Format

Send to

Choose Destination
Medicine (Baltimore). 2017 Dec;96(52):e9493. doi: 10.1097/MD.0000000000009493.

Severe disinhibition due to injuries of neural tracts related to emotion circuit in a patient with traumatic brain injury: A case report.

Author information

1
Department of Physical Medicine and Rehabilitation, College of Medicine, Yeungnam University, Gyeongsan.
2
Department of Physical Therapy, College of Health Sciences, Catholic University of Pusan, Busan, Republic of Korea.

Abstract

RATIONALE:

Approximately 30% of patients with traumatic brain injury (TBI) develop disinhibition, a condition that involves several brain structures, including the amygdala, orbitofrontal cortex (OFC), and anterior cingulate cortex (ACC). Using diffusion tensor tractography (DTT), we report on a patient with severe disinhibition and injuries of the amygdala, OFC, and ACC following TBI.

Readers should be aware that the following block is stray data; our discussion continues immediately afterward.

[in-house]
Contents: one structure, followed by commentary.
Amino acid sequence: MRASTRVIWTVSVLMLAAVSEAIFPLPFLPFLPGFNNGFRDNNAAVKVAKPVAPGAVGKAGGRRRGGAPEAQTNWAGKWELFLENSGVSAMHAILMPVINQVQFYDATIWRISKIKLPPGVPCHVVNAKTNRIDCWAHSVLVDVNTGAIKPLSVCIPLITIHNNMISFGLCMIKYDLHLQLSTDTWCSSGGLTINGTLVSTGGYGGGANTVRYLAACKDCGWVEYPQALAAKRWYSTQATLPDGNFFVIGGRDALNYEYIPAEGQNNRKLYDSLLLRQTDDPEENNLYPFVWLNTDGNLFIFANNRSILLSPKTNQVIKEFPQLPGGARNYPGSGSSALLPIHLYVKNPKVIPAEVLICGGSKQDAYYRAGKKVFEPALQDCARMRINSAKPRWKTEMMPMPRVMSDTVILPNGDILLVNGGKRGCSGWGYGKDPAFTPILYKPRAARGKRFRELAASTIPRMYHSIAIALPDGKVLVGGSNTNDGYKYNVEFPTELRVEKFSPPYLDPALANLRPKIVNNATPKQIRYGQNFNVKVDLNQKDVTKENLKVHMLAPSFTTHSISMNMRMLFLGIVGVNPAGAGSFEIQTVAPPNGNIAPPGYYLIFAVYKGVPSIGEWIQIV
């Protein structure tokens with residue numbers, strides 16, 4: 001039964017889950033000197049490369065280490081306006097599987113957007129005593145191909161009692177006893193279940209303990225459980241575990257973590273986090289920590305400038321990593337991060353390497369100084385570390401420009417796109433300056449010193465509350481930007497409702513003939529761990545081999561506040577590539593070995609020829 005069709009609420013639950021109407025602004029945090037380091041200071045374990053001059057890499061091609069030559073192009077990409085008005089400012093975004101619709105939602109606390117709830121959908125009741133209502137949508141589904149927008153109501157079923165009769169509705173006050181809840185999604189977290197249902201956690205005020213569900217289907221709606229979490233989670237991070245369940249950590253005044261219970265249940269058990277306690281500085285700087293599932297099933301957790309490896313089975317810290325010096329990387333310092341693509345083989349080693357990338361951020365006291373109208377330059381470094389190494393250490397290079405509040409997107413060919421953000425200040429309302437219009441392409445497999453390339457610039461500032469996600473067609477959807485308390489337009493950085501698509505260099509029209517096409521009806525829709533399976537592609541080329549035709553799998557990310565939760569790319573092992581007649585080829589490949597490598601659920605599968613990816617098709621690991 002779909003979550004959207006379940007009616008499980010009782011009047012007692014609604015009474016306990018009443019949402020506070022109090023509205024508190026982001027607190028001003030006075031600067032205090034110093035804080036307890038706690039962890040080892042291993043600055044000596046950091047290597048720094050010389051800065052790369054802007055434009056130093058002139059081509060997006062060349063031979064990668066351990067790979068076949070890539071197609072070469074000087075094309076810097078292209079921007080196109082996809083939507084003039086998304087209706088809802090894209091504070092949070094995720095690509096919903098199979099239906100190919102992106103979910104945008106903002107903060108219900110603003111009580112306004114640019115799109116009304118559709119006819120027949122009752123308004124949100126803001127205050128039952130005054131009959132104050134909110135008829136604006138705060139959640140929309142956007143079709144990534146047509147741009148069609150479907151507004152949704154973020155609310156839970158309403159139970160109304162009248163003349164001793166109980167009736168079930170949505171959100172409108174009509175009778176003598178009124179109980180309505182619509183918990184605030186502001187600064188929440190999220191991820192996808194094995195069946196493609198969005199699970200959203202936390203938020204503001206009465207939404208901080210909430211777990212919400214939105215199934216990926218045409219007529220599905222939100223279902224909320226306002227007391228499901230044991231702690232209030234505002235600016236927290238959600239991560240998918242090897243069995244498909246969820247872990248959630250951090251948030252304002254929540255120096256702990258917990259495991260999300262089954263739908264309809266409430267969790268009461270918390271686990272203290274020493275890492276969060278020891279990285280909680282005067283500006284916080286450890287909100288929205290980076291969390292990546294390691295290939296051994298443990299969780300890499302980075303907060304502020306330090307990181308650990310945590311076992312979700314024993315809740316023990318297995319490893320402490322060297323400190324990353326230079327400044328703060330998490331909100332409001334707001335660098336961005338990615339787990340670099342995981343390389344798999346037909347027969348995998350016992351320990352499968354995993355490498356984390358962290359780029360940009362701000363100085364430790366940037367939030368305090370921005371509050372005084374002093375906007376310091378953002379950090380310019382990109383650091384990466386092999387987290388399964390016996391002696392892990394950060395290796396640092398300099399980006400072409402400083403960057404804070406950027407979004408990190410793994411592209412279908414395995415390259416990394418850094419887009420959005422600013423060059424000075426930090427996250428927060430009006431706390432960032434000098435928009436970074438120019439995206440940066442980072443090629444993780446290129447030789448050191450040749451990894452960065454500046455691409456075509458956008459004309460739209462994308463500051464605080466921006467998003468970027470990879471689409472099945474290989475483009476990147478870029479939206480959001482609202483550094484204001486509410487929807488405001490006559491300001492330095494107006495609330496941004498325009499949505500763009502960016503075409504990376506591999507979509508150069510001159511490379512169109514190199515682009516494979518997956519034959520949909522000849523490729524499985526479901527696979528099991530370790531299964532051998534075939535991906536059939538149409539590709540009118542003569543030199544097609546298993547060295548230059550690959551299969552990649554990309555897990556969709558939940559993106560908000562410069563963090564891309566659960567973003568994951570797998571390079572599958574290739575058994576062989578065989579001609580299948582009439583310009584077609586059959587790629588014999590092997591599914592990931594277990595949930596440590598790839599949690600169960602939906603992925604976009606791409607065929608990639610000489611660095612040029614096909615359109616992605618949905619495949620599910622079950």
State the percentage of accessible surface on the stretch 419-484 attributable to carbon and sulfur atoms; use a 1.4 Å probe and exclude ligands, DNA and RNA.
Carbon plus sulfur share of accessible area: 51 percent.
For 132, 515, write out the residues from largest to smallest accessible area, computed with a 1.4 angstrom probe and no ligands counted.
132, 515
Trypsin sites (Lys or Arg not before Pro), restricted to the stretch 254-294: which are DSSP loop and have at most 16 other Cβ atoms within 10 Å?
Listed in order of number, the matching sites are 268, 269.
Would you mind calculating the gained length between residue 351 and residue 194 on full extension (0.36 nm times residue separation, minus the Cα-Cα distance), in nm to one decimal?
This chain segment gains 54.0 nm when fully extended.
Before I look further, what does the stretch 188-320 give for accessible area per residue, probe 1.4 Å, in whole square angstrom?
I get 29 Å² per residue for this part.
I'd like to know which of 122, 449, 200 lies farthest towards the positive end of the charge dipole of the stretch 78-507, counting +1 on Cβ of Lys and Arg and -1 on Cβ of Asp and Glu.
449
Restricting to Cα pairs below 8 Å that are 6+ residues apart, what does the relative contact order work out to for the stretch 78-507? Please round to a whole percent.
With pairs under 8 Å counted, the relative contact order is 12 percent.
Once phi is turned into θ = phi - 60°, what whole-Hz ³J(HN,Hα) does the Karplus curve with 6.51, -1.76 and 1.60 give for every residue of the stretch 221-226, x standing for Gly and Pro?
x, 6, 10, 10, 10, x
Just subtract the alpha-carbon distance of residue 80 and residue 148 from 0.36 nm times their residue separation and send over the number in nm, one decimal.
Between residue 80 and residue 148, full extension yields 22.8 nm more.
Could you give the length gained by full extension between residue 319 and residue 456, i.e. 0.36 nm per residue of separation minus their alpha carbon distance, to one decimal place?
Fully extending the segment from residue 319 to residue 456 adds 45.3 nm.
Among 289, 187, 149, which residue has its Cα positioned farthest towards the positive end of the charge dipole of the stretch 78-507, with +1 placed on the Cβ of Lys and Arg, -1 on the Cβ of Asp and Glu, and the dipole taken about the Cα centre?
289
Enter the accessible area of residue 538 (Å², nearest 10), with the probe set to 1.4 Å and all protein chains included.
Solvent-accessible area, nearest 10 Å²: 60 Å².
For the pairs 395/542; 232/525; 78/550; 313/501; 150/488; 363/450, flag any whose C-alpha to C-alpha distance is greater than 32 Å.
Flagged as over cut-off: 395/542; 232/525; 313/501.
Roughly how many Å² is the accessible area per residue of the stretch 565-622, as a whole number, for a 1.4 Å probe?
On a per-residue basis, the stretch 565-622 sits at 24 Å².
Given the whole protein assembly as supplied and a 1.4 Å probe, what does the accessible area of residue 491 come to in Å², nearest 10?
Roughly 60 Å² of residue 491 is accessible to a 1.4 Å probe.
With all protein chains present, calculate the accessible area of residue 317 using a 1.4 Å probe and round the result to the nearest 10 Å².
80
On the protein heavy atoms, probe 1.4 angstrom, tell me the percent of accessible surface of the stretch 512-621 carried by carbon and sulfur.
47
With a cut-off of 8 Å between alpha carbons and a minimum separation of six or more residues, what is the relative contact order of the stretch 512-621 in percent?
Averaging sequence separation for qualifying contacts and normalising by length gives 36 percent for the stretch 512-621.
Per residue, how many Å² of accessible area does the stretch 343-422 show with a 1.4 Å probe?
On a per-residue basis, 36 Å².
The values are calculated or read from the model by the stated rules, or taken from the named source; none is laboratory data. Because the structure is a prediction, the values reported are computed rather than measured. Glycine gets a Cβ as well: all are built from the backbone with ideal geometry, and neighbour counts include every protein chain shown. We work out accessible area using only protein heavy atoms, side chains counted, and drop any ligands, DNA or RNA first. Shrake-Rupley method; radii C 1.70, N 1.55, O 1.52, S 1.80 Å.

PATIENT CONCERNS:

A 27-year-old male patient suffered an in-car accident.

DIAGNOSES:

Since the onset of the TBI, the patient showed severe disinhibition including violence, as follows: 1) he sometimes attacked therapists and nurses with no provocation, 2) while he was laying on a bed, he shouted and kicked the bed when asked questions, and 3) during therapy with a difficult task, he behaved violently to a therapist. The subscale of disinhibition in Neuropsychiatric Inventory scored three points for severity and for distress.

INTERVENTIONS:

N/A.

OUTCOMES:

On 10-month DTT, the connectivity of amygdala to the prefrontal cortex including the medial prefrontal cortex and OFC had decreased in both hemispheres. In the prefronto-thalamic tracts, the orbitofronto-thalamic tractshad narrowed (the right hemisphere), and were non-reconstructed (the left hemisphere). Discontinuations of both anterior cingulums were observed in both hemispheres.

LESSONS:

Using DTT, concurrent injuries of the amygdala, OFC, and ACC were demonstrated in a patient with severe disinhibition following TBI. Our result suggests the need to assess these neural structures in patients with disinhibition after brain injury.

PMID:
29384946
PMCID:
PMC6392766
DOI:
10.1097/MD.0000000000009493
[Indexed for MEDLINE]
Free PMC Article

Supplemental Content

Full text links

Icon for Wolters Kluwer Icon for PubMed Central
Loading ...
Support Center